SatNav: The cheaper and better solution
I have yet to find a built-in car navigation system that can compare with, say, a dedicated TomTom or, even, TomTom running on the iPhone. My car is four years old but the navigation system feels like it ten years old (it probably is, given design lead times). It is clunky and inaccurate. The postcode entry system is useless because it skips the last two characters. British postcodes are accurate to a specific street, so all you need know is a code and a street number. But without the last two characters the destination could cover a wide area in the countryside. A few days ago I had a village name, a house name and postcode but no street. As a result the car's system had me going round in circles until I got out the iPhone and asked TomTom for assistance.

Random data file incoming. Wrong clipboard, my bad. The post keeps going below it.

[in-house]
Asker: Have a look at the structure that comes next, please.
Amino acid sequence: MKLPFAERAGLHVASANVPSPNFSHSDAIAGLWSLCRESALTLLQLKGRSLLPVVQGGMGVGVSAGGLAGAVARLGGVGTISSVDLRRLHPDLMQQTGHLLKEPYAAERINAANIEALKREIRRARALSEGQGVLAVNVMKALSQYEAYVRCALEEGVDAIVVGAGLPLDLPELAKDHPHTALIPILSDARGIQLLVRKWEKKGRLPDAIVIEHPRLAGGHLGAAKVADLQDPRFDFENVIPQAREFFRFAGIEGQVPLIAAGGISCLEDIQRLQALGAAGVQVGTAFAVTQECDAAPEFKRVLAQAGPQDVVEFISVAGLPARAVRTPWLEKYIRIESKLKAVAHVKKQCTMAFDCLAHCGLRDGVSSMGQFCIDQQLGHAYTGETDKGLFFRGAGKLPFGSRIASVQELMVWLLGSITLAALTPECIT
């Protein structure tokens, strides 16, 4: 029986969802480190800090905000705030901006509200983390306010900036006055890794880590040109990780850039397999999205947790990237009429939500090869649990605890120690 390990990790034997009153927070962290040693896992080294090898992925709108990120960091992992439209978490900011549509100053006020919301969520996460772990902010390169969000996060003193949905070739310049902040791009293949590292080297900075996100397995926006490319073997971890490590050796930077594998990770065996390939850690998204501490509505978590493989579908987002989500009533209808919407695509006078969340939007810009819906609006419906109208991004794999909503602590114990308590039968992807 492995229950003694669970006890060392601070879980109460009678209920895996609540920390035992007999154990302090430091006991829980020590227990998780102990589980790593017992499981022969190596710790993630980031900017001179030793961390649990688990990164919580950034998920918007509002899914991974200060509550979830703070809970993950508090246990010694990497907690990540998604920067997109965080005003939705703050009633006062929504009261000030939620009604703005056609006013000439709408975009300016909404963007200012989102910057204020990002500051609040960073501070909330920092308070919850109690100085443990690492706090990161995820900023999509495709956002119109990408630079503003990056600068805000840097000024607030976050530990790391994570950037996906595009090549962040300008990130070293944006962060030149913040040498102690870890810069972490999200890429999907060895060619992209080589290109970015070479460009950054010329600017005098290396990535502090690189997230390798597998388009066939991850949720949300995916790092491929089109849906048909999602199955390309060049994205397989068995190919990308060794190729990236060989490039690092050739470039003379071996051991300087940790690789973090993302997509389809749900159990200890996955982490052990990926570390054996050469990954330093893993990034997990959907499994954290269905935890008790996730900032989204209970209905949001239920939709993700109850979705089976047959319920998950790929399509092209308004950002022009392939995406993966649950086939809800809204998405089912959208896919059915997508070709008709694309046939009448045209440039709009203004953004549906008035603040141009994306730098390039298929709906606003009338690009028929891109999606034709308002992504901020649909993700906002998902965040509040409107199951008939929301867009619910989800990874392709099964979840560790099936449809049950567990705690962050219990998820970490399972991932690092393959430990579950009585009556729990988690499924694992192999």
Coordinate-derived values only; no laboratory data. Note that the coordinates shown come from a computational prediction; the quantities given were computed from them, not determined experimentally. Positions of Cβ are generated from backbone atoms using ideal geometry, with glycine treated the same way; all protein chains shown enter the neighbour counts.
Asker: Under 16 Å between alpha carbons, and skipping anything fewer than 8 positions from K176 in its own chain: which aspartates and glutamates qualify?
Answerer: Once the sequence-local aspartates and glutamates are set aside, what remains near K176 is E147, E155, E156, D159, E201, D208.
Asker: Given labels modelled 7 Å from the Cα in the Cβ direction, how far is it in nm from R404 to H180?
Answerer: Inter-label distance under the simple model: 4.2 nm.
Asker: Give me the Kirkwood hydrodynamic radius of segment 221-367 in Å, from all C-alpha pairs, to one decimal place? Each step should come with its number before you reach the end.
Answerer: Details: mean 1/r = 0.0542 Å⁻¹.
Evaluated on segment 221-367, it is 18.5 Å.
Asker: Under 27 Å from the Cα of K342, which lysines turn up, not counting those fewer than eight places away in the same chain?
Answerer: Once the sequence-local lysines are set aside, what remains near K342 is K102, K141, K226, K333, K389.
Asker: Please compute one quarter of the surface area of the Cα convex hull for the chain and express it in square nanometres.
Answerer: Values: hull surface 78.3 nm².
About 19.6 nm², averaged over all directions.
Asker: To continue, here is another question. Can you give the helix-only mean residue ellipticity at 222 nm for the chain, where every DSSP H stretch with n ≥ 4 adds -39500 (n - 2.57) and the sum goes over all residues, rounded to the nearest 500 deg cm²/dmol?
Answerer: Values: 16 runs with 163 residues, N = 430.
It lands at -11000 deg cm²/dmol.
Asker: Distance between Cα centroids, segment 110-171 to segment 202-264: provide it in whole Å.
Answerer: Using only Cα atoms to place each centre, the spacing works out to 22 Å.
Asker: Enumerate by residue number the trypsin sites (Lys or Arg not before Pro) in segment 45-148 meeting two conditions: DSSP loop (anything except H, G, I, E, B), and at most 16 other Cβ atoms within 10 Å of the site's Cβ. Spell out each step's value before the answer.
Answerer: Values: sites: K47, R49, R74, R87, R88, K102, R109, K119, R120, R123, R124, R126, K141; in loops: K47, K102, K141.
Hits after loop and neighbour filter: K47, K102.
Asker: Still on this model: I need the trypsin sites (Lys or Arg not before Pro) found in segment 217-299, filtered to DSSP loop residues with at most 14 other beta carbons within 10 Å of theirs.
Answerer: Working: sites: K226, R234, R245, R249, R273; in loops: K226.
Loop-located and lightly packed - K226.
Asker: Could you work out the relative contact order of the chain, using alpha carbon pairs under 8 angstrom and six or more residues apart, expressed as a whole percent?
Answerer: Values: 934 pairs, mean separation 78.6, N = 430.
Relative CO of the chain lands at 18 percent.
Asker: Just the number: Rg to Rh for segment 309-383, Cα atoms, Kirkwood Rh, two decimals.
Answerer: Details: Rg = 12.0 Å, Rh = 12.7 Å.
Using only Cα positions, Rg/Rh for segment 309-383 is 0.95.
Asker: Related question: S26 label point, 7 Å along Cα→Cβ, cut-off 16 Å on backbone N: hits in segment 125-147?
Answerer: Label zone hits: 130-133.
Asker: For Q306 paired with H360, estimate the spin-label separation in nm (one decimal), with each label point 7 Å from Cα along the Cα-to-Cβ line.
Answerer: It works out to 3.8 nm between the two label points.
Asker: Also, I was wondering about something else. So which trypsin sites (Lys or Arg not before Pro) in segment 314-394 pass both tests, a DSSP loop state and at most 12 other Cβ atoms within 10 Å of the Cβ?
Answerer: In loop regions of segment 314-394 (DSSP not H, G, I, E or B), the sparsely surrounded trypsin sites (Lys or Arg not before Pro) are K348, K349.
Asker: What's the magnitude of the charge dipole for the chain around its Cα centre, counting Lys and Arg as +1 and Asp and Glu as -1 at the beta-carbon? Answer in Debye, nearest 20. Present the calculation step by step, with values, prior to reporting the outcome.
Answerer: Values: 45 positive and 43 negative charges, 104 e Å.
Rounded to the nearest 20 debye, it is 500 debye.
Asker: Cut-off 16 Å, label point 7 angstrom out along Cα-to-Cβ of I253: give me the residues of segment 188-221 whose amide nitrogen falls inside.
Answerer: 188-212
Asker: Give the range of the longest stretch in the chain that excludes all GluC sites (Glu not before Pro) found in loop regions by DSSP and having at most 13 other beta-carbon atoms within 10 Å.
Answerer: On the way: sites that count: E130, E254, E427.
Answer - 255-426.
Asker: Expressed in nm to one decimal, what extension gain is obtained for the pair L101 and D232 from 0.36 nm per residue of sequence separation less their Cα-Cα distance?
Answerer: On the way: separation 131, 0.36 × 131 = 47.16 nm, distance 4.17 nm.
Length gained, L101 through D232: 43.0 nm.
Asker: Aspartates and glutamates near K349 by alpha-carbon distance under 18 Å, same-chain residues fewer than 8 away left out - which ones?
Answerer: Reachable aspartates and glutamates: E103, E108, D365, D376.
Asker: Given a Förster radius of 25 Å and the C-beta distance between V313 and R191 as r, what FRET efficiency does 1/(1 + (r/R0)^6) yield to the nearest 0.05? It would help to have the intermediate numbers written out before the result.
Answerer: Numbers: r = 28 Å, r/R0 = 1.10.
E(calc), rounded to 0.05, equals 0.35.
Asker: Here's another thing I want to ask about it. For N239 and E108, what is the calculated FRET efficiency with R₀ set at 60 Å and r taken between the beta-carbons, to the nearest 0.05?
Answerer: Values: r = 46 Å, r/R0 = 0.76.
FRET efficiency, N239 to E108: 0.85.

The annoying thing about this is that when my car was new the navigation system, as an optional extra, probably cost a couple of thousand pounds--compared with £100 for a TomTom or less for the app on the iPhone.
Now car manufacturers are beginning to see sense. Honda's 2015 Jazz (Honda Fit in the USA) will allow you to link your phone to the built-in screen so you can use whatever navigation app you choose. All you need is an app costing around £30. This is an ideal solution. It is likely to be the cheapest option and by far the best. It's about time all car manufacturers took heed and stopped foisting out-of-date and sub-standard systems on unwary buyers.